by Samuel L. Leiter
When I got home after the theatre, my wife, who’d been otherwise engaged, asked, “What’d you see tonight?” “One of those Scott Siegel, one night-only, Broadway show-tune revues at the Town Hall,” I answered. “Broadway by the Year: The 1970s.”
“How was it?,” she asked. “Very much like the one I once took you to,” I said. “They’re always delightful. Lots of first-class Broadway performers, some on the rise, some established, and a string of great show numbers from a particular time. As usual, Scott stood at a podium at one side introducing each number, usually with a show biz anecdote; the singer came out and did a more or less faithful rendition, accompanied by Ross Patterson and two other musicians; the audience applauded; and the next performer was introduced. Few bells and whistles but lots of talented artists and memorable songs.”
“Sorry I missed it,” she sighed. “We probably saw most of the shows from the nosebleed seats back in the day.” “Yes,” I said. “Probably 90 percent of them. Remember, I even wrote a book about those years, Ten Seasons: New York Theatre in the Seventies.”
“Who’d you go with?,” she asked.
“Mimi,” I answered, referring to an old friend, a veteran Broadway singer-actress. “This stuff is right up her alley.” It should be. She made her Broadway debut 71 years ago at age six in the original cast of Carousel!
“What did they sing?”
“Well,” I said, “It began with Kerry Butler singing ‘Here Comes the Sun’ from Beatlemania, which I didn’t think was representative of Broadway musicals but hit the right note of nostalgia. Then came a rush of Broadway standards, the most familiar including Morgan Weed singing ‘There Are Worse Things I Could Do’ from Grease, Maxine Linehan doing ‘I Don’t Know How to Love Him’ from Jesus Christ Superstar, Farah Alvin blasting the same show’s ‘Gethsemane’ out of the theatre, a show-stopping ‘You’re Never Fully Dressed Without a Smile’ from Annie sung and tap danced by Cagney’s Robert Creighton and Jeremy Benton, and Linehan closing out the first act with a vibrant ‘Don’t Cry for Me Argentina’ from Evita. There were also a few less iconic songs from They’re Playing Our Song, Working, The Robber Bridegroom, and Pippin. And Carlton Terrence Taylor rocked the old Fats Waller tune, ‘Your Feet’s Too Big’ from the revue Ain’t Misbehavin’, one of the many black musicals of the 70s that challenged Broadway’s nickname of the Great White Way.”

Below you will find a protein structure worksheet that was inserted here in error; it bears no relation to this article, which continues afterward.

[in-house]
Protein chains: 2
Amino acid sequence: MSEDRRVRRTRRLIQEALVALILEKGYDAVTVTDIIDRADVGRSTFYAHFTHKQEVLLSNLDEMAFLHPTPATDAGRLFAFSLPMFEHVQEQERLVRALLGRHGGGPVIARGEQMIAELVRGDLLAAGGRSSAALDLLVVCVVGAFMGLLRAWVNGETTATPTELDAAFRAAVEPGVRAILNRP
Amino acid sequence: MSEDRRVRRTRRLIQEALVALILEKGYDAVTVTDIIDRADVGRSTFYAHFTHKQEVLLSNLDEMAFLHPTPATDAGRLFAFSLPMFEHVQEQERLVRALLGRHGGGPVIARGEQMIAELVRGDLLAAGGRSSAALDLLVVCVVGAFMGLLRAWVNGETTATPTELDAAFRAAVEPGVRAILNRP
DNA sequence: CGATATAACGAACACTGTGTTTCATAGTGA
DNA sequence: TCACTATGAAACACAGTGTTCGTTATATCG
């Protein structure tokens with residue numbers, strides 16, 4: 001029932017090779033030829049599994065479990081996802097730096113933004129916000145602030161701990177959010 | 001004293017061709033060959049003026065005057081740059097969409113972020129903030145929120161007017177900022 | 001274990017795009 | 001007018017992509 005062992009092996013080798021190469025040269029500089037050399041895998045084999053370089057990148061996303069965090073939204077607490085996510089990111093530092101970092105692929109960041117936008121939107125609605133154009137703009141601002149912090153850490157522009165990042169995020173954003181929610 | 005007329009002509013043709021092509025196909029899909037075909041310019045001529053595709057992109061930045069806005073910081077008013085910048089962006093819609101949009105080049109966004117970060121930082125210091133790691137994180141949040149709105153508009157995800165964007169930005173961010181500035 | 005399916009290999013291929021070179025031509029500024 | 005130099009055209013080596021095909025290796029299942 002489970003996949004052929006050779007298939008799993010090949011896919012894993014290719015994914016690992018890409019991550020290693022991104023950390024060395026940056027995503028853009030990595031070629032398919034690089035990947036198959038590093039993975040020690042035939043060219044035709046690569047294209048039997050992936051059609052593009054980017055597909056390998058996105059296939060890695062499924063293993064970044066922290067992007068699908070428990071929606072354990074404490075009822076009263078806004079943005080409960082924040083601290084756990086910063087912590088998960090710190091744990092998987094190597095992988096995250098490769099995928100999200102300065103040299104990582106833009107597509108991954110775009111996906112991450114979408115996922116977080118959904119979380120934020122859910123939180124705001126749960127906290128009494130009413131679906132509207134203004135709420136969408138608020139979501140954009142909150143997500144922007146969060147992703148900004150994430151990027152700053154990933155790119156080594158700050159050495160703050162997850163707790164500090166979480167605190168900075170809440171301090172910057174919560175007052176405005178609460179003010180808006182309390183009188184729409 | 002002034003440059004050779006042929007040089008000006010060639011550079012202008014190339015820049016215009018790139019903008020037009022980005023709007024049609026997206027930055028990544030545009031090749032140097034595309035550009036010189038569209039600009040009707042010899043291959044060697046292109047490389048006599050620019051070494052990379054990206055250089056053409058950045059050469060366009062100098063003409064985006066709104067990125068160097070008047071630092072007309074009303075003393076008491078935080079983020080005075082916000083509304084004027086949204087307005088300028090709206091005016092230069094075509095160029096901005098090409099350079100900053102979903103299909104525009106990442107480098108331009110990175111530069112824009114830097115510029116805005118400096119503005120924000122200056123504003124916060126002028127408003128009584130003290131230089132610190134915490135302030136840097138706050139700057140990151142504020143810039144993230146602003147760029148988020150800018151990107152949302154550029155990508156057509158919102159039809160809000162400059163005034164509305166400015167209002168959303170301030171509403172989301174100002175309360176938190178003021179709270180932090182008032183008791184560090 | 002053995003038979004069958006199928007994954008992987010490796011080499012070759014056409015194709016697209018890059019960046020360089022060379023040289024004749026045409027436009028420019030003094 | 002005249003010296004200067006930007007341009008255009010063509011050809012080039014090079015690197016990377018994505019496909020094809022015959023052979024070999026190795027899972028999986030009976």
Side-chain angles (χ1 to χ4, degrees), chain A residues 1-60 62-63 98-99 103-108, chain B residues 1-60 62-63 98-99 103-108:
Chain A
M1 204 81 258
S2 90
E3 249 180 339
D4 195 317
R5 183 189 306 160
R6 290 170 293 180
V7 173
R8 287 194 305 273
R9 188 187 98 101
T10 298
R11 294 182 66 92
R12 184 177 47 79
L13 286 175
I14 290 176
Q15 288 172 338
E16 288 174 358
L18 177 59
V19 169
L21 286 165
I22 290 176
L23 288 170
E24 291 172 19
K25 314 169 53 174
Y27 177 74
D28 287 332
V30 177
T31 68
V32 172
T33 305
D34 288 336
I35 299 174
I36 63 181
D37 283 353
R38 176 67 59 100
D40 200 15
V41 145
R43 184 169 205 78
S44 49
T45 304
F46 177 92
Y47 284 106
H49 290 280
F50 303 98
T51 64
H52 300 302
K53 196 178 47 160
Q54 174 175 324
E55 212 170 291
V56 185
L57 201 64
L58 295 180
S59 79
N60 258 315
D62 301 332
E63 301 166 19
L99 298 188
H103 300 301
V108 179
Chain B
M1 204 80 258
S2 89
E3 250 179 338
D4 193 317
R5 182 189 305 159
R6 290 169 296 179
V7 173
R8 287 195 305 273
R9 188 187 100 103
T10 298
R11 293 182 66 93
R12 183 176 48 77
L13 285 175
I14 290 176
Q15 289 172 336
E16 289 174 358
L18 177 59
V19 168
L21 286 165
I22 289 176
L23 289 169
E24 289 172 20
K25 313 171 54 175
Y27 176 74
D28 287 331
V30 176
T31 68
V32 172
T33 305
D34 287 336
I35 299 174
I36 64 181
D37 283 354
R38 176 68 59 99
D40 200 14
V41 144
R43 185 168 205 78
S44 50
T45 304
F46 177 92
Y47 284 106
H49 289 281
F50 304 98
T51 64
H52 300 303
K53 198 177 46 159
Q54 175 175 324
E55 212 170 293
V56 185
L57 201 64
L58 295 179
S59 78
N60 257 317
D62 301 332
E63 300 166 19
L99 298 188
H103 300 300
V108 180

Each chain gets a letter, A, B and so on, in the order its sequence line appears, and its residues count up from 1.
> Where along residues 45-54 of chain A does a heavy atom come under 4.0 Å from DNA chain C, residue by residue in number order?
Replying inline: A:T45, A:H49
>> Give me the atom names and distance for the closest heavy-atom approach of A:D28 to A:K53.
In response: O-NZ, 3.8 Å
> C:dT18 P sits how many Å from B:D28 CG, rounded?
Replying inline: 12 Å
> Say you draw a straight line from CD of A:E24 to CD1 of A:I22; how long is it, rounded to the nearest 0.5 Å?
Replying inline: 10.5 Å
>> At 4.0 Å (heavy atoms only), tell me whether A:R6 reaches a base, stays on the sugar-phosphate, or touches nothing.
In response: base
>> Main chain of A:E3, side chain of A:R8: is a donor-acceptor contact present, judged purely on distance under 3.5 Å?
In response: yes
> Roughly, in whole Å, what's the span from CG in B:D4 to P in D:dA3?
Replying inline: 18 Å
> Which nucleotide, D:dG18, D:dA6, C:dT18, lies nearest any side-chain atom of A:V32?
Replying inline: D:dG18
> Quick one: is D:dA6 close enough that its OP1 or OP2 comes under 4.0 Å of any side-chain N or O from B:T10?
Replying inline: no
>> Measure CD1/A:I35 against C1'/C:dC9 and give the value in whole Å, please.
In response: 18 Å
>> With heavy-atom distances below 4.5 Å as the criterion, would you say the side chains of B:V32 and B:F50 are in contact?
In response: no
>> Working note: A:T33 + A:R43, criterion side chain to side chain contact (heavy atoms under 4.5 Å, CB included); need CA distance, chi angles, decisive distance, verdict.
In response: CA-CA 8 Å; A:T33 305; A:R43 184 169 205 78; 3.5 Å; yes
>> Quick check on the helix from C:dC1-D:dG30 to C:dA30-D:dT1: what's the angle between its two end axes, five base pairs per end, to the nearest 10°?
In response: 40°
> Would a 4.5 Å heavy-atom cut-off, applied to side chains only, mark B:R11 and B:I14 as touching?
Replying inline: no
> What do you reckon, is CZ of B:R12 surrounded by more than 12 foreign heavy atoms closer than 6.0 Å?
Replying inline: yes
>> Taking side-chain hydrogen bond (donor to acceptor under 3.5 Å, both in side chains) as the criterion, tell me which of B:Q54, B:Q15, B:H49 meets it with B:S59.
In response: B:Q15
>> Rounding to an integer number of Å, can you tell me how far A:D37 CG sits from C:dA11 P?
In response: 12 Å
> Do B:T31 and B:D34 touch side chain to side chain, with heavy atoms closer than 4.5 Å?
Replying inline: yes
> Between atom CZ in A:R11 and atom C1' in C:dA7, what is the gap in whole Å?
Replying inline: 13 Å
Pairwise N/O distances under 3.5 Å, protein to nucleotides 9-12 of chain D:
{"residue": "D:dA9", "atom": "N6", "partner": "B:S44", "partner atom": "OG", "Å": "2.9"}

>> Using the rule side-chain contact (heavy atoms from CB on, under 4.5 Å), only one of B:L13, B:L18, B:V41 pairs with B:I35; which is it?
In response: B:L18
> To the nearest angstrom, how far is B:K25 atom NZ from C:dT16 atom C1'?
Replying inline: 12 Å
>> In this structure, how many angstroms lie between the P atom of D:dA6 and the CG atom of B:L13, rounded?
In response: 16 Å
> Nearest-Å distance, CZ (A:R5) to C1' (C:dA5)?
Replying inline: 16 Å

“During the intermission,” I added, “I told Mimi my only regret was that some of the songs, while sung very well, lacked the dramatic specificity they have in their original context. She thought it might be a good idea if Scott were to offer fewer anecdotes and more background context for the songs.”
“I love those songs! How about the second act?,” my wife queried.
“Much like the first,” I replied. “I hadn’t looked at the song list so I whispered to Mimi halfway through asking where the hell was A Chorus Line? It was good to be reminded, though, of less iconic but still super songs from The Magic Show, Shenandoah, Side by Side by Sondheim, and Bubbling Brown Sugar, as well as the old-time favorite ‘I Can’t Give You Anything but Love, Baby’ from Ain’t Misbehavin’, given the old razzle-dazzle by singer-tap dancer Noah Racey.
The classics included Creighton’s flashy ‘Mr. Cellophane’ from Chicago; Butler’s charming ‘The Bus from Amarillo’ from The Best Little Whorehouse in Texas; Rachel Bay Jones’s beautifully subdued ‘Send in the Clowns’ from A Little Night Music, accompanied by the delicate guitar of Sean Harkness; Weed’s emotional ‘Time Heals Everything’ from Mack & Mabel; Alvin’s unamplified ‘Tomorrow’ from Annie, sung in tribute to the Orlando victims; Butler’s enthusiastic ‘Home’ from The Wiz; and, finally—the one I was waiting for all night—A Chorus Line’s ‘What I Did for Love,’ begun by Linehan and brought to crescendo force by the entire company.”
“Damn. Looks like I missed a good one, huh?,” she asked.
“Looks like you did.”
Coming up at Town Hall:
Broadway Rising Stars
A national showcase that introduces New York audiences to the next generation of up-and-coming talent as chosen by a panel of discerning judges from among the most outstanding new graduates from schools such as the Cincinnati Conservatory of Music, The American Musical and Dramatic Academy, CAP21, Circle in the Square Theatre School, Marymount Manhattan College, The New School, NYU’s Steinhardt Department of Music and Performing Arts, NYU’s Tisch School of the Arts and other acclaimed institutions.
July 18, 8 p.m.
Scott Siegel’s Broadway Unplugged returns: great show tunes, great Broadway stars, great (big) voices, and NO microphones… just the pure human voice, the way it used to be on Broadway!
July 25, 8 p.m.
Samuel L. Leiter is Distinguished Professor Emeritus (Theater) of Brooklyn College and the Graduate Center, CUNY. He has written and/or edited 27 books on Japanese theater, New York theater, Shakespeare, and the great stage directors. For more of his reviews, visit Theatre’s Leiter Side (www.slleiter.blogspot.com).